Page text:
(Reuters) - - Italian Prime Minister Silvio Berlusconi became the biggest political casualty of Europe's debt crisis on Tuesday when he announced he would step down after being stripped of his majority in parliament.
Berlusconi said he would leave office after parliament approves a budget law that includes reforms demanded by Europe, which is struggling to prevent the debt crisis from spreading to the third largest economy using the euro single currency.
Greece, ground zero of the crisis, is scrambling to win emergency funds to avert bankruptcy as soon as next month, and political parties argued over a new coalition government to replace that of Prime Minister George Papandreou, who has also announced this week that he will step down.
Berlusconi's imminent departure spells the end of the flamboyant billionaire media magnate's 17-year dominance of his country. His failure to implement reforms fueled a party revolt, and votes on the budget measures and his resignation could come as soon as this month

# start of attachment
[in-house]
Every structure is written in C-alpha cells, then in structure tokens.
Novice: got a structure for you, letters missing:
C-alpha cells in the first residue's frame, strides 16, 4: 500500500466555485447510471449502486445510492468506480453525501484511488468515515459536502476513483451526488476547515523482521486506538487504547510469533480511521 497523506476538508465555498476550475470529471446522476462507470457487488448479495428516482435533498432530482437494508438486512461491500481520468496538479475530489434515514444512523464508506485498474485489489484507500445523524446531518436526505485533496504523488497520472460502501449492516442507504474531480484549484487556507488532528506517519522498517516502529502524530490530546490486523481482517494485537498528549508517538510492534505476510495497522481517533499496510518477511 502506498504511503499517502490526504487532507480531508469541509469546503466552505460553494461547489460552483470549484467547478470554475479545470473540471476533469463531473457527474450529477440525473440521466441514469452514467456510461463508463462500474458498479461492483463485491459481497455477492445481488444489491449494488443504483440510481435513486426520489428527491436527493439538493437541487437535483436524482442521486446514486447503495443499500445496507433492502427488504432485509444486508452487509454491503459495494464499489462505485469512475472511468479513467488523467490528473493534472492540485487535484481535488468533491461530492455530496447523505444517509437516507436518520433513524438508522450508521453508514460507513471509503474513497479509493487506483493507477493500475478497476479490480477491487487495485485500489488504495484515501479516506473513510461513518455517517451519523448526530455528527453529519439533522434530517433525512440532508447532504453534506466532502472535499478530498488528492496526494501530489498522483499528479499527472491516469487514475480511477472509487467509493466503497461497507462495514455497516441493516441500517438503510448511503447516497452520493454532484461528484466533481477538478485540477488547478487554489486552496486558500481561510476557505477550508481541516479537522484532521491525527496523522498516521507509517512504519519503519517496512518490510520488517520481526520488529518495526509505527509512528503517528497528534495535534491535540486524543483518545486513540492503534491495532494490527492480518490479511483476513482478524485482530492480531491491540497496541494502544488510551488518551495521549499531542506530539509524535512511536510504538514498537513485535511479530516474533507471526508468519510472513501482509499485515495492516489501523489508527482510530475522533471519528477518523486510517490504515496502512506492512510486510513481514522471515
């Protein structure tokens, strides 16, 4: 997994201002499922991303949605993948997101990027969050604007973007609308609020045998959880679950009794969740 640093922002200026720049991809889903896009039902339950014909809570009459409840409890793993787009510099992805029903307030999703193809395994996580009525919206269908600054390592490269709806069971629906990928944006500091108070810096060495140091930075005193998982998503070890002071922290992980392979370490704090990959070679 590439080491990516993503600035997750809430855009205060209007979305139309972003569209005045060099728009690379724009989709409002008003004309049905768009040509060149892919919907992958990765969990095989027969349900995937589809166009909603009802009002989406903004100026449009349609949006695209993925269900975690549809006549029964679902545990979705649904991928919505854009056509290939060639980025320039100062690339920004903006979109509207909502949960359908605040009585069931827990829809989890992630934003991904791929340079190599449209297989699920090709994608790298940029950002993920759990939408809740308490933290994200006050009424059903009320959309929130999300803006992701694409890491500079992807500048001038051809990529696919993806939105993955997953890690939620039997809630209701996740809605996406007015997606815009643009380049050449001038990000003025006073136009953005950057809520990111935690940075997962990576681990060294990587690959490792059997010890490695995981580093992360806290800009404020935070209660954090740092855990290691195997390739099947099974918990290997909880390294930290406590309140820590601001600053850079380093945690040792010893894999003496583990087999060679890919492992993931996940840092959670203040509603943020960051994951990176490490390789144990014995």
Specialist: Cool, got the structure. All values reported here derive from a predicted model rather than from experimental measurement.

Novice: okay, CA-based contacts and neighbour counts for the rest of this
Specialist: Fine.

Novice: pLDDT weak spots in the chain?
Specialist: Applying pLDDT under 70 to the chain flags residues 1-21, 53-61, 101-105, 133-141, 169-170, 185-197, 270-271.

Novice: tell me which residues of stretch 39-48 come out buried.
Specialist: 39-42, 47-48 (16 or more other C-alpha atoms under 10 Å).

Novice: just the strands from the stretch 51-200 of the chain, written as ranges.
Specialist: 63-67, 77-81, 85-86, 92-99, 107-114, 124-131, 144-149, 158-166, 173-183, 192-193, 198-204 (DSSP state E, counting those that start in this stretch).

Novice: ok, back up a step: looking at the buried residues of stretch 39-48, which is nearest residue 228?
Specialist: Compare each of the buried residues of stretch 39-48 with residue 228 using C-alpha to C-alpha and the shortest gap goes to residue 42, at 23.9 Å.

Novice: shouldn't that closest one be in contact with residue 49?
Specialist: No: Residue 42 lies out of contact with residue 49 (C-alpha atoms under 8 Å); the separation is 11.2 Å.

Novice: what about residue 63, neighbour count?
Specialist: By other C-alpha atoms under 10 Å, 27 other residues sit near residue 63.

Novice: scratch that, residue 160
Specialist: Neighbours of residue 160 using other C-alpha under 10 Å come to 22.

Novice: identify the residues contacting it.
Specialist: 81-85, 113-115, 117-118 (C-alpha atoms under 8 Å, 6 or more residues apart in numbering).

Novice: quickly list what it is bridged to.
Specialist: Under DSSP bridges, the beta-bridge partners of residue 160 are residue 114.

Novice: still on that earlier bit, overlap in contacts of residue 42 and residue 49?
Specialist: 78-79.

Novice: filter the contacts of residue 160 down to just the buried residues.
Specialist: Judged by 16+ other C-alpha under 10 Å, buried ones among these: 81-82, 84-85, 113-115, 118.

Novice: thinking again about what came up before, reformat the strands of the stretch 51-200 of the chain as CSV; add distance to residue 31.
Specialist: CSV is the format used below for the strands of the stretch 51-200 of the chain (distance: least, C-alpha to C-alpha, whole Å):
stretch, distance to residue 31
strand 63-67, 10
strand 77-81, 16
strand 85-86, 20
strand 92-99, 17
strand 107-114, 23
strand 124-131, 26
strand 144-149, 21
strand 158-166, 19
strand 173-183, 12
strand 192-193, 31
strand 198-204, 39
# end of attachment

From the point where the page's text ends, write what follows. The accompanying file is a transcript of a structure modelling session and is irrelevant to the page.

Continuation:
Berlusconi told his own Canale 5 television station that the only option now was an early election, which could prolong the uncertainty that has sapped market confidence.
President Giorgio Napolitano he would hold consultations on the formation of a new government. Napolitano is thought to favor a technocrat or national unity government for Italy, similar to the solution being put in place for Greece.
That would please markets that have driven the cost of borrowing for Italy's government to 14-year highs. Traders pushed the yield on benchmark 10 year Italian bonds to 6.79 percent, a level unseen since 1997.
Such levels effectively make it unaffordable for Italy to continue to finance its own debt, and are similar to levels that forced Ireland, Greece and Portugal to take bailouts. Italy, however, is widely regarded as being too big to bail out.
Berlusconi's government won a key budget vote on Tuesday after the opposition abstained. But it secured only 308 votes in the 630-seat lower house, eight short of a majority.
Pier Luigi Bersani, leader of the main opposition Democratic Party, said Italy ran a real risk of losing access to financial markets. For more, please click the title above.